The Angry Black Woman Stereotype

I have been struggling with this post. I wanted to post this ages ago, but it just wasn’t quite right and I thought it might just be a little too negative. 

I am constantly waking up feeling like the “angry black woman” stereotype is another way to shut black women up and to shame us for expressing our feelings. I’m not immune to the reality black women face daily.  Sure our melanin is golden and our kinks and curls are poppin’. But I’m aware that our anger is always ignored or we are ddehumanized because of it.

You would be angry too if others ignored your struggles, even though they have never experienced it.

You would be angry too if you knew what we knew and had people tell you to “get over it”.

You would be angry too if your body was constantly seen as a sex symbol.

You would be angry too if you was taught to be strong, fierce and sassy, to fit the “definition” of a “real black woman”.

Why is our anger always an overreaction, why do you always ignore and undermine it?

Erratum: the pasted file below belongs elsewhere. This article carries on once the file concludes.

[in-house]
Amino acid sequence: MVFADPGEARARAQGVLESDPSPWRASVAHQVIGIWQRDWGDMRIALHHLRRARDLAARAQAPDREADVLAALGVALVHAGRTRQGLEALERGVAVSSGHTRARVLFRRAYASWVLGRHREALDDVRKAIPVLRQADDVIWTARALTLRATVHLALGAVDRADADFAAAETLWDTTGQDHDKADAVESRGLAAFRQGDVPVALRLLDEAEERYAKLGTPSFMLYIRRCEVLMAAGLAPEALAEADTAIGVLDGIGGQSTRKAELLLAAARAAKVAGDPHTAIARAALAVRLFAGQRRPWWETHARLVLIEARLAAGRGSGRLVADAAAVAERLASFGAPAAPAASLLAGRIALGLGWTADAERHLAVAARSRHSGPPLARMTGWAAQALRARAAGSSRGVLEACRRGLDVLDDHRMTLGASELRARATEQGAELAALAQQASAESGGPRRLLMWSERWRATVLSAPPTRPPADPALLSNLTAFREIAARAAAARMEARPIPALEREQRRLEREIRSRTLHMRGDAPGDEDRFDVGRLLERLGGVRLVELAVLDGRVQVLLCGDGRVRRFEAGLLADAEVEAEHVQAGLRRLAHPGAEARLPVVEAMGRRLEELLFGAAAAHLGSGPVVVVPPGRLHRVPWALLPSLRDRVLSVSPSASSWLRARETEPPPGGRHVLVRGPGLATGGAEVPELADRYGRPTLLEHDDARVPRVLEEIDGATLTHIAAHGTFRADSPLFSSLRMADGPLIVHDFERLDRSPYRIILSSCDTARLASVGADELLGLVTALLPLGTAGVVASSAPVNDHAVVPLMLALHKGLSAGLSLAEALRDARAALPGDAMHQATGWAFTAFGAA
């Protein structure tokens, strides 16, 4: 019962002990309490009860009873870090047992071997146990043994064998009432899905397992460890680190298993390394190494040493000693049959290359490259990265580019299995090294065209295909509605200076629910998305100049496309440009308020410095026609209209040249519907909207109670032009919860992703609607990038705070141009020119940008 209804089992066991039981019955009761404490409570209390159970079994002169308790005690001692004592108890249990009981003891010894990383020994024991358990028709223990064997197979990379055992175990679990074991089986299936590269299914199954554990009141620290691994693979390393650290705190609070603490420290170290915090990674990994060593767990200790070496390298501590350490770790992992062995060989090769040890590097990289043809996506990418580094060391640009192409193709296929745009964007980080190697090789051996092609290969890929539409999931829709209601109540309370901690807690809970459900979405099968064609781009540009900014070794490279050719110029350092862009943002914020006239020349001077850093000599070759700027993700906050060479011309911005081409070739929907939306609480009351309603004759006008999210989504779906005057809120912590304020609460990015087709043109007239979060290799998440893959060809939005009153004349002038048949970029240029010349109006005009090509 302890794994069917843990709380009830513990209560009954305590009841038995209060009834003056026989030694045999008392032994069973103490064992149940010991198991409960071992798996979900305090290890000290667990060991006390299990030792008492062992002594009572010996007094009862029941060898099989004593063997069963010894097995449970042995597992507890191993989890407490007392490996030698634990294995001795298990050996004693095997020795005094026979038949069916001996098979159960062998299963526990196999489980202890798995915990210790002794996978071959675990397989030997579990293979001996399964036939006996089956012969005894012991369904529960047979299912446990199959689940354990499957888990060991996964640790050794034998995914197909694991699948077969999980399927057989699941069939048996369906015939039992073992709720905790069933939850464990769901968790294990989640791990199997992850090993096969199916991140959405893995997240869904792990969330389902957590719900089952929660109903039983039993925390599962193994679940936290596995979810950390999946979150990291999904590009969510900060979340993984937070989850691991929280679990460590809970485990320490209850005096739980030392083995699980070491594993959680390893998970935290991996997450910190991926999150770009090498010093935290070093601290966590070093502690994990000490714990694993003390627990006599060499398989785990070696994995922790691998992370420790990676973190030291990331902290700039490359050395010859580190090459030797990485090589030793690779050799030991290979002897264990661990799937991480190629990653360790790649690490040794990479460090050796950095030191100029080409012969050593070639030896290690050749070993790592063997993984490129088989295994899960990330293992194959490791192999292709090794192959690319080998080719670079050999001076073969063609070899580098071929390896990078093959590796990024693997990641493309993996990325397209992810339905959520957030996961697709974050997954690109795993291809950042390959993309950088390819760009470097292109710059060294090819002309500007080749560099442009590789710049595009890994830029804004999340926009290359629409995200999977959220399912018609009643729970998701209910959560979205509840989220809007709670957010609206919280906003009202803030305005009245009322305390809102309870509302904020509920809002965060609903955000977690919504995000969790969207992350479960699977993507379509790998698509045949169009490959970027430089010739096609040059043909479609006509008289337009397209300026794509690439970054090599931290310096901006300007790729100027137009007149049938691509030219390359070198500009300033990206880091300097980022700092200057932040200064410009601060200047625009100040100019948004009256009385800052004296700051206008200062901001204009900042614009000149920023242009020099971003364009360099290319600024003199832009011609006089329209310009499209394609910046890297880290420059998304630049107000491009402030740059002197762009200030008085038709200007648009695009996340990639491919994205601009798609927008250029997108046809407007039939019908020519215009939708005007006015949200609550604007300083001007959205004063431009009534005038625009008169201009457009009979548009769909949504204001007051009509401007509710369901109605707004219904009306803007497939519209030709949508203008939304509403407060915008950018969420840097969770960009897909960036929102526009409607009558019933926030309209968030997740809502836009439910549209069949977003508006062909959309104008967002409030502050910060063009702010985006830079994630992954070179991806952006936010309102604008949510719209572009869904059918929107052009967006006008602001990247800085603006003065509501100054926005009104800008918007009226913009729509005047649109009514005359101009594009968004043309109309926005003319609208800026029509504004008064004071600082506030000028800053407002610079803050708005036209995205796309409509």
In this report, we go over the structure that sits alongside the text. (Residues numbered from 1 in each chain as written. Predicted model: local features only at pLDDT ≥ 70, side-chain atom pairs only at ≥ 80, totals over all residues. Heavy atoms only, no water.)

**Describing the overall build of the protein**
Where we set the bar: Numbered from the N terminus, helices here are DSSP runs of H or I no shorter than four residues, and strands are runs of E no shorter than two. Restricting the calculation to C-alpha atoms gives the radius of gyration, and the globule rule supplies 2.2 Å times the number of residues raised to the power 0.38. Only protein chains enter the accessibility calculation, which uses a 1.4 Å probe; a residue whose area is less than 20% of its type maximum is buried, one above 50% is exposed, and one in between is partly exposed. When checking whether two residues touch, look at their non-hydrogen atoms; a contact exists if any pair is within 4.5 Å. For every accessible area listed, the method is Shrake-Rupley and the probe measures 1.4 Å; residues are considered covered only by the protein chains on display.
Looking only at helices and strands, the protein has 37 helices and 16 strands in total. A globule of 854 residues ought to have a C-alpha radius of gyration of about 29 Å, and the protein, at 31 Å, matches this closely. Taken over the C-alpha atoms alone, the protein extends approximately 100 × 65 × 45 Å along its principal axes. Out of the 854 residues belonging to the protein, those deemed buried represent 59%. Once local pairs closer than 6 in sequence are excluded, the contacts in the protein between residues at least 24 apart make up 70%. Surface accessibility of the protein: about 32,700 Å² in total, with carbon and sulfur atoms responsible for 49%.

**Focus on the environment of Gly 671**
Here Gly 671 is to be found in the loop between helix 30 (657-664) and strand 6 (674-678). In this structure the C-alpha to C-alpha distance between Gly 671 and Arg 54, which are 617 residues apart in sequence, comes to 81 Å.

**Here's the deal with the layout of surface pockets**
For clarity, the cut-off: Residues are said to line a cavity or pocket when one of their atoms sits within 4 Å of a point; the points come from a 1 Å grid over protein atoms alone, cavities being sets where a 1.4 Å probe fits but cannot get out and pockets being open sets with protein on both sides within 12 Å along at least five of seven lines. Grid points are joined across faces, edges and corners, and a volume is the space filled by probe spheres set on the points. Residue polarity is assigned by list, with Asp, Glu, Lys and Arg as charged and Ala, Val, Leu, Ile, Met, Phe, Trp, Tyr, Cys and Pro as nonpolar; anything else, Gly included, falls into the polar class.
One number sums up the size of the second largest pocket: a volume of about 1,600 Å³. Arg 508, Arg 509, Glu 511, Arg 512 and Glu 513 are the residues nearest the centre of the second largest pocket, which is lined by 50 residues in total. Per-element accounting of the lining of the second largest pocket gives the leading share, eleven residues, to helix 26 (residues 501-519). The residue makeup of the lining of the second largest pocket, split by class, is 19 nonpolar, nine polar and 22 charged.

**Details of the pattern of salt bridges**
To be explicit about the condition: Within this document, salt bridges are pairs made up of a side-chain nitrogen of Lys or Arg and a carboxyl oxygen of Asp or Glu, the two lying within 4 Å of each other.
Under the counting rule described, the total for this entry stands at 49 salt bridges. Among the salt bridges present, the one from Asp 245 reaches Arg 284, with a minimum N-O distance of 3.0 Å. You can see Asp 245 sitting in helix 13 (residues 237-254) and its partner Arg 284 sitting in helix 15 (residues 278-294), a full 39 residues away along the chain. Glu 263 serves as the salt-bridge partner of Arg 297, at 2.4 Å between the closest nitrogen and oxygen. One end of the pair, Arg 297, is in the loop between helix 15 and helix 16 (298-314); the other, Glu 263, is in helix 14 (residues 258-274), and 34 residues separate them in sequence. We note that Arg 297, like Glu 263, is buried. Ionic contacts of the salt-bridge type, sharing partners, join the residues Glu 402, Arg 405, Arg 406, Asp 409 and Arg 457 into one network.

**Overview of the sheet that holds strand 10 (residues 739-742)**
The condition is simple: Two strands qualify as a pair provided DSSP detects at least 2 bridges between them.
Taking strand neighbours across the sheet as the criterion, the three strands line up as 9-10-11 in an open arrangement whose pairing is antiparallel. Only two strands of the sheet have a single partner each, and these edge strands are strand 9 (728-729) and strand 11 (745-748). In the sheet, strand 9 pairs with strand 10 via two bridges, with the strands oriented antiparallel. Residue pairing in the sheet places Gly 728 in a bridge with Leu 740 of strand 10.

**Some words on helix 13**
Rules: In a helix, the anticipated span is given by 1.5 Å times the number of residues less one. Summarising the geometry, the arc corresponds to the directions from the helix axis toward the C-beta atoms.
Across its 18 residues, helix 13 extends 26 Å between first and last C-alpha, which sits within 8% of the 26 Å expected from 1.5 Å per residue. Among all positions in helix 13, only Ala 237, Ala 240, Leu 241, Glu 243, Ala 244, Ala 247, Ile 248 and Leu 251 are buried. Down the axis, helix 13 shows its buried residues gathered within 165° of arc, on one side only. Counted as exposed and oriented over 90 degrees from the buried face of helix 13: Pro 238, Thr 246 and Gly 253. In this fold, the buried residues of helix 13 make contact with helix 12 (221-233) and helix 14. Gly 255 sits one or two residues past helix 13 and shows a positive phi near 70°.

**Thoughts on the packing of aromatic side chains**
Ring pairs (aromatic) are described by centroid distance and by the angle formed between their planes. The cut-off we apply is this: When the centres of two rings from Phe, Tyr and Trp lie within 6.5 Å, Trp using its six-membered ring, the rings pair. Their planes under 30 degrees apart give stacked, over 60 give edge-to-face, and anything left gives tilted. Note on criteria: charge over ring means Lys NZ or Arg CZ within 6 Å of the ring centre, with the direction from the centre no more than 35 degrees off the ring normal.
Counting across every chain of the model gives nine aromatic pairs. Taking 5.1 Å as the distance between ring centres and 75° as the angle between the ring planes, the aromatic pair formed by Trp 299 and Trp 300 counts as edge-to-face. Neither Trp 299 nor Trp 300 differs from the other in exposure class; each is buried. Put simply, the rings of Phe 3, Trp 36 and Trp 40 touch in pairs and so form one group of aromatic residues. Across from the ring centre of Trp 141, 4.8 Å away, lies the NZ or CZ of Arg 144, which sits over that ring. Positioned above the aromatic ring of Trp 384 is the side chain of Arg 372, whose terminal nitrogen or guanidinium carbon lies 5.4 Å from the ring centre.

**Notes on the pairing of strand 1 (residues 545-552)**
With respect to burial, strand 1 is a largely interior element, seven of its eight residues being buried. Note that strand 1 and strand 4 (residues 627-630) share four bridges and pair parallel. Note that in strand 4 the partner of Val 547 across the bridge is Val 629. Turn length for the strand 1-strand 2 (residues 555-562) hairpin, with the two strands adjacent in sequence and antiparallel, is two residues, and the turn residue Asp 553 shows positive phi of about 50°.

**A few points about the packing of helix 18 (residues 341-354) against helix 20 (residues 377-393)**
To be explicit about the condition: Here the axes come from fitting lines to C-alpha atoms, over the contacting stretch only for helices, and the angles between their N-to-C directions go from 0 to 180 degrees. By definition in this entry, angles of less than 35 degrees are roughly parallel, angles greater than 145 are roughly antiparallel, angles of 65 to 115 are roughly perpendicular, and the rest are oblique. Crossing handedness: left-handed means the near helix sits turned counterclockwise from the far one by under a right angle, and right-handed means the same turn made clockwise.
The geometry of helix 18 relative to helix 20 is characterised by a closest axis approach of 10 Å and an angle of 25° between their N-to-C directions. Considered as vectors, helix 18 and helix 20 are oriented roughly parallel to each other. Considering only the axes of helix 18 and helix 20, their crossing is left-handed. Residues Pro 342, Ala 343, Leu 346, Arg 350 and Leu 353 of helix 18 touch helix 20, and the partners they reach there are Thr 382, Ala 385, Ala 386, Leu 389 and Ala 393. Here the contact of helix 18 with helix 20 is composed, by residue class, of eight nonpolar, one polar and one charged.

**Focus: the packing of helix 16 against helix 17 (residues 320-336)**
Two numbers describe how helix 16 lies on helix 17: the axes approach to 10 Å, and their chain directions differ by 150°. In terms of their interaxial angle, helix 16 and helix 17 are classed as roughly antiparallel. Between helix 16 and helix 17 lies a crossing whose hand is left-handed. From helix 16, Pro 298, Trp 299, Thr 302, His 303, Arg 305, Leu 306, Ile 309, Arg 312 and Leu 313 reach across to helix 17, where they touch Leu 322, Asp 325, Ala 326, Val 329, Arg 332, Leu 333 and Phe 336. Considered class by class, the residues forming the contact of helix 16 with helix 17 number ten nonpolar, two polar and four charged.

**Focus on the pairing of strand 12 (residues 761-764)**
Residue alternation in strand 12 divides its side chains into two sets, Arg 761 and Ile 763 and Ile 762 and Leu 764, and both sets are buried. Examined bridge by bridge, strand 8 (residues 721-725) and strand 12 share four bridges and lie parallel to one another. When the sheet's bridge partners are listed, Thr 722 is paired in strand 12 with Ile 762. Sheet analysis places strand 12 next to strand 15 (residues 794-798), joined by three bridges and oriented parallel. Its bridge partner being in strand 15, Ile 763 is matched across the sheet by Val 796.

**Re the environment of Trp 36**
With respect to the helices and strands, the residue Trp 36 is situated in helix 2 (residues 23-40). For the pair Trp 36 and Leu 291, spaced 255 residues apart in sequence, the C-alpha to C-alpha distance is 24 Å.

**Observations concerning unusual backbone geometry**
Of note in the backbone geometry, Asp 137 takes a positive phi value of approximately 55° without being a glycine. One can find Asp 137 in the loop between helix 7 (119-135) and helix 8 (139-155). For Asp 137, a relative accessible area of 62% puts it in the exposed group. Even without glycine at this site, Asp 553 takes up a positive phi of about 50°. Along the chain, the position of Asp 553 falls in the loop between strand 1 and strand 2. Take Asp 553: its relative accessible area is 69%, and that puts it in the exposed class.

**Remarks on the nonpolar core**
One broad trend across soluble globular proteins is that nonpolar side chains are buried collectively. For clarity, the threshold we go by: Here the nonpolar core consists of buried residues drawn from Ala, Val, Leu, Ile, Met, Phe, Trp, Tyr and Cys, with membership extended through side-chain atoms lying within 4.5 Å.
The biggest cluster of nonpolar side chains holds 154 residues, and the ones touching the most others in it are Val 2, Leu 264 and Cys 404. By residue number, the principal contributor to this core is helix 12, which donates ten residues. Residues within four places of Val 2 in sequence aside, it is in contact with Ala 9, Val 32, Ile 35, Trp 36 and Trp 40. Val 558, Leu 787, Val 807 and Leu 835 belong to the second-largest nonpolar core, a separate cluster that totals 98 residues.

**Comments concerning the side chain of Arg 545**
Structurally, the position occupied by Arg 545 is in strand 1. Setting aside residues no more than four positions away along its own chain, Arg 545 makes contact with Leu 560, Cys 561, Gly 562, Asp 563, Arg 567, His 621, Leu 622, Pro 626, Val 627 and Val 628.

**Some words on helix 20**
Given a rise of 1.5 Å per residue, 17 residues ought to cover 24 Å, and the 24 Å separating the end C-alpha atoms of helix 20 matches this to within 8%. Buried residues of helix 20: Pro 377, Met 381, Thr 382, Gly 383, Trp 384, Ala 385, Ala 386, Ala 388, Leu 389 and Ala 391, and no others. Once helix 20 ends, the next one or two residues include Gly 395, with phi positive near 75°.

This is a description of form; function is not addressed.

As much as I’d like to think that the angry black woman isn’t angry because of men, honestly I do believe they play a part in it. I also think black women who shame other black women for being “angry” also play a part in the stereotype. Now I’m not here to put all of the blame on black men, because I know it’s not their fault (obviously). There are lots of things that play into this stereotype. 

 

What do you think happens with all of this built up anger?

I think the lack of communication and the lack willingness to seek professional help doesn’t benefit women. Counselling, therapy, meditation, exercise etc. aren’t the first things that are suggested to us.

There aren’t any safe, non-judgemental spaces for women to express this frustration and anger without it being brushed off. The idea that we are supposed to be strong and can handle anything life throws at us leaves us feeling stuck, frustrated and sometimes angry.

There’s so many different things that fuel this anger, but we are constantly told to get over it and move on, and we end up with all of this trapped suppressed anger.

It doesn’t evaporate, it grows and plays on our minds and how we view the world. We speak about rape culture, misogyny or gender roles and we receive a bunch of “not all men”, “everyone needs to lighten up” and “it’s not that deep”.  

 

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